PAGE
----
Why Is Everyone Checking In At Standing Rock?


05Over 1 million people have checked in on Facebook at Standing Rock, a Native American reservation in North Dakota. They’ve been doing this in support of protesters who were trying to prevent an oil pipeline from being built through Standing Rock. Checking in is designed to confuse police – protesters think they’re tracking people on social media to make a list of protesters.

The pipeline is set to cost $3.7bn and would go over ancient burial grounds and archaeological sites, as well as potentially contaminating their water source. It would transport up to 570,000 barrels of oil a day and increase fossil fuel emissions. Energy Transport Partners, the company behind the project, have said it will boost local economies and is a much safer way of transporting oil.

Supporters of the protesters shared the following message on Facebook:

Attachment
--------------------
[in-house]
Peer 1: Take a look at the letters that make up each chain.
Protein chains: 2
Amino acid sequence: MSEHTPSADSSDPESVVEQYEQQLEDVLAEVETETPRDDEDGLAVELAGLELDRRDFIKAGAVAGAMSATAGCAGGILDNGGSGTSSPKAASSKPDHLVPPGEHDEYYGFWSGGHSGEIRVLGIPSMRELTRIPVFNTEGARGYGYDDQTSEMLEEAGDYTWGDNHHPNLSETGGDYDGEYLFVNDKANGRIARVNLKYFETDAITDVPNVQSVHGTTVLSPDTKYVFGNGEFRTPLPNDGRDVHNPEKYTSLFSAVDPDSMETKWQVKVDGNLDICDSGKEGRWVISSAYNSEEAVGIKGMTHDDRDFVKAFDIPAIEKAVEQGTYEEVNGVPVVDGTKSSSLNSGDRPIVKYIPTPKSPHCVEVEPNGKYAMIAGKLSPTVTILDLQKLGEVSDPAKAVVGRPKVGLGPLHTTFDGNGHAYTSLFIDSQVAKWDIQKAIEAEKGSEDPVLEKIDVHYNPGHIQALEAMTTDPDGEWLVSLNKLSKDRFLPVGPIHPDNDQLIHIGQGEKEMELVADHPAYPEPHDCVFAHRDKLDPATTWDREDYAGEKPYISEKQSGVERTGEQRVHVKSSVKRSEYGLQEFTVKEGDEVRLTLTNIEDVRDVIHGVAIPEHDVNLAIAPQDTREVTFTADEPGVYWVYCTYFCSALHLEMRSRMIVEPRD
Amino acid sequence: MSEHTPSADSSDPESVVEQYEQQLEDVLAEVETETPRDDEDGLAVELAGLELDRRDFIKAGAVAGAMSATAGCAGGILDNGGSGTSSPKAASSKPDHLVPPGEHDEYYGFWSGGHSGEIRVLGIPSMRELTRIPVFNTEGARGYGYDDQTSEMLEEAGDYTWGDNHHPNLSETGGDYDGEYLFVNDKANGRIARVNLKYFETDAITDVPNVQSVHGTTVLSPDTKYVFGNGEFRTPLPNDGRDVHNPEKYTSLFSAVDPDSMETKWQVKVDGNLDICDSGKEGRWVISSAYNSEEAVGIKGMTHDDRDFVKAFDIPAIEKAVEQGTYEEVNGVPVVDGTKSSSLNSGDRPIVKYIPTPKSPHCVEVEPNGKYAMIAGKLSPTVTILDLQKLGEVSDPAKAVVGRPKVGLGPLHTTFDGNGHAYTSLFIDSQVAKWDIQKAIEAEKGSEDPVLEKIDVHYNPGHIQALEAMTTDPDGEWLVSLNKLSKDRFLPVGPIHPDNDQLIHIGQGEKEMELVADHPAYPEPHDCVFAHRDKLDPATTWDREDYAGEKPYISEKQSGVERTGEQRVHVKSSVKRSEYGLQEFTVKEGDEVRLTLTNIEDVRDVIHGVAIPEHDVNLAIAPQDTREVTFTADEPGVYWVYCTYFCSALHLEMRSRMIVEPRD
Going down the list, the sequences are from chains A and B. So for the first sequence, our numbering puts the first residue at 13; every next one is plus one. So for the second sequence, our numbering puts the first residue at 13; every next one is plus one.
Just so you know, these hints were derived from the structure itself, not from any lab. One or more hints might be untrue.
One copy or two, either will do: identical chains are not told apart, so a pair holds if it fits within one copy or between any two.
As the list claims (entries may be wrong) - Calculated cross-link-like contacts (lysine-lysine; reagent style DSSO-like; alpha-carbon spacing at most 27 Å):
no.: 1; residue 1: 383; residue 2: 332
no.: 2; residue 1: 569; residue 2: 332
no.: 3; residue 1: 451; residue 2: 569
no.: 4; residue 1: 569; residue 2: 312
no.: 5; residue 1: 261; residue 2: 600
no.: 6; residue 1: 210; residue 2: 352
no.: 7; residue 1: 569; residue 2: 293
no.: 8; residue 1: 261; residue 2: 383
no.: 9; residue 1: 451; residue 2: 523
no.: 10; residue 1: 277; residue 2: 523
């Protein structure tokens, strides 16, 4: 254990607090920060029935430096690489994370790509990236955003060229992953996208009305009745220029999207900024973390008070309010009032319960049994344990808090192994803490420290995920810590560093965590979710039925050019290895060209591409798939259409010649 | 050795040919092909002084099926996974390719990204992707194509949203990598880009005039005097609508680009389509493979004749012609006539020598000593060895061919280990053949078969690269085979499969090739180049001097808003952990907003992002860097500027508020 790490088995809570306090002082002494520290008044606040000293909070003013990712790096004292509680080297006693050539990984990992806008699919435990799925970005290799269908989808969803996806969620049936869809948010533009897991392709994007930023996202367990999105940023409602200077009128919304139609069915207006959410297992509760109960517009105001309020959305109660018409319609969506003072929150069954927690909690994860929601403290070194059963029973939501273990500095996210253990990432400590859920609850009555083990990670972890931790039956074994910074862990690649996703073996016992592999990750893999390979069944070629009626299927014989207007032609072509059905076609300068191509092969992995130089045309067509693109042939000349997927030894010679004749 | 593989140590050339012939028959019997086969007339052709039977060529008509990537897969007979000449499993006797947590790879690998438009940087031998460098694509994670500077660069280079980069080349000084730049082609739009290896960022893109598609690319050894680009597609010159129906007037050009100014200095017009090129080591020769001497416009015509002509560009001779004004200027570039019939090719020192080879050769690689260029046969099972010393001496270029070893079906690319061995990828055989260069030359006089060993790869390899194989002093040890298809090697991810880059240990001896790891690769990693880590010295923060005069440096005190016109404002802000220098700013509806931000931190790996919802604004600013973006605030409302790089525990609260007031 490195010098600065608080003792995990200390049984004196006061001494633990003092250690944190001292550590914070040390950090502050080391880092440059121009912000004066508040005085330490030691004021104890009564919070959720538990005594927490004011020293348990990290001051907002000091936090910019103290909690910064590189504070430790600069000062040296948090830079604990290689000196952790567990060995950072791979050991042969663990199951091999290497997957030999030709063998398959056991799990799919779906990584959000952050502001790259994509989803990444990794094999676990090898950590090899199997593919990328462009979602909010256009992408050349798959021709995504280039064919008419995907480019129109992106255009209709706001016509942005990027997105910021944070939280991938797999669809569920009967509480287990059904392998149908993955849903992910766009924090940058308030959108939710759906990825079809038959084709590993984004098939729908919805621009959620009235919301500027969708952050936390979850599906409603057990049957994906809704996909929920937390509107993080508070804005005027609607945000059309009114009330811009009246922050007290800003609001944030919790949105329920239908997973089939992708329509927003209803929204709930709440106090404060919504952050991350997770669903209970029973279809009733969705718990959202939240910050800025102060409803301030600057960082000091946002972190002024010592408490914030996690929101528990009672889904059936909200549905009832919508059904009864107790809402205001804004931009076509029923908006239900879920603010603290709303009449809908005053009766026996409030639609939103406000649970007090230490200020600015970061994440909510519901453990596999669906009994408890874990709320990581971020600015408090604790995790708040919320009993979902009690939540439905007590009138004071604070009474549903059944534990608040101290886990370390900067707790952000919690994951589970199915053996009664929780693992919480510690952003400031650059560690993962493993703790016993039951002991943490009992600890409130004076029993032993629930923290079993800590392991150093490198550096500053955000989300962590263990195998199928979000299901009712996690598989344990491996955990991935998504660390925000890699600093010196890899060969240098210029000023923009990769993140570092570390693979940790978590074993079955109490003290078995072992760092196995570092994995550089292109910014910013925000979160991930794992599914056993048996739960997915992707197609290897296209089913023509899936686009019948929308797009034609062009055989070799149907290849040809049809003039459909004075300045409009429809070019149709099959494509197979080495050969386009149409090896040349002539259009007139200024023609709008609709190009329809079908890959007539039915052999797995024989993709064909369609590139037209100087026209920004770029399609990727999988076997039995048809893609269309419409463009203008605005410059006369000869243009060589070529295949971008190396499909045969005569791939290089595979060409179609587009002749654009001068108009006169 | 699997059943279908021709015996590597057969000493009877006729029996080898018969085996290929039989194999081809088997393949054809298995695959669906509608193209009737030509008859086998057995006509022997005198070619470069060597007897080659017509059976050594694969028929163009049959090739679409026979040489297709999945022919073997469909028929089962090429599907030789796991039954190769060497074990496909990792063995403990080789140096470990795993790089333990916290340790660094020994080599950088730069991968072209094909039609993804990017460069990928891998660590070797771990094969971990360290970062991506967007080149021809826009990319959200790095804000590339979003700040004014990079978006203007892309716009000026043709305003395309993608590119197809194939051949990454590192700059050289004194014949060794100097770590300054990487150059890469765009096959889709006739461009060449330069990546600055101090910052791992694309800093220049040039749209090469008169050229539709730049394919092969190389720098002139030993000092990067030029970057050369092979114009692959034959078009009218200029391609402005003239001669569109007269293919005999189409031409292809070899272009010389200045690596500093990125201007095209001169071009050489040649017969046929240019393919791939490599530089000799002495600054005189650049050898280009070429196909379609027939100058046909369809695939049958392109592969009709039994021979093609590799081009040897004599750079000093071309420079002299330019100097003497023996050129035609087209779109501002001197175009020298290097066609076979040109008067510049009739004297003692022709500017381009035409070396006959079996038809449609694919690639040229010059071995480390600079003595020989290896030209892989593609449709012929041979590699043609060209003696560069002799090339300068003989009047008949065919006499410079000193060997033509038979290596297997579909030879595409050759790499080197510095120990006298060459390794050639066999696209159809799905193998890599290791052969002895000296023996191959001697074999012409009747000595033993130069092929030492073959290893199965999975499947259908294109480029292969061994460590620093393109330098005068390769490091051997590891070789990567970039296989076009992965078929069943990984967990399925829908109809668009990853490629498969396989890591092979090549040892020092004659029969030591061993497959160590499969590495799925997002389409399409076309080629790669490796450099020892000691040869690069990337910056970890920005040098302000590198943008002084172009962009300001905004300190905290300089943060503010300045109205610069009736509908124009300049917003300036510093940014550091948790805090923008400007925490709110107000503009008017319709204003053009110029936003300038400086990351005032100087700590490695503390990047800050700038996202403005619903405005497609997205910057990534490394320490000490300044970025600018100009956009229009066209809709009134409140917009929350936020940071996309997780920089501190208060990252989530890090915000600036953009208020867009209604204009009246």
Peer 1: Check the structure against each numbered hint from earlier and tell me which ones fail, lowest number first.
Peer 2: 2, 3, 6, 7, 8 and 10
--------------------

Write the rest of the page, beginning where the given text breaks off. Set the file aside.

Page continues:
The Morton County Sheriff’s Department has been using Facebook check-ins to find out who is at SR [Standing Rock] in order to target them in attempts to disrupt the prayer camps. SO Water Protectors are calling on EVERYONE to check-in at SR to overwhelm and confuse them.

People want to confuse the police because of alleged unnecessary force used on activists – local police have arrested around 150 people in relation to the protests.

Sheriffs and police have denied that they’re using social media to track protesters, and claim that ‘if police were using geolocation tools based on mobile devices, remote check-ins would not confuse or overwhelm them’. Recently there have been claims that the police have used social media to track protesters, like during the Ferguson and Baltimore riots. The American Civil Liberties Union said that this monitoring can ‘disproportionately impact communities of colour’.

Supporters have been asking social media executives to cut off access to companies who could give the police information, and since then Facebook, Instagram and Twitter have all shut off access to Geofeedia – a social media startup which claims to offer organisations the ability to to predict, analyze and act based on real-time social media conversations.


Third year PAIR student and head of events. Also The Edge's live editor and 2016-17 opinion editor. Fan of cats, gigs and a tea lover - find me rambling about politics and cats @_Carly_May on Twitter.

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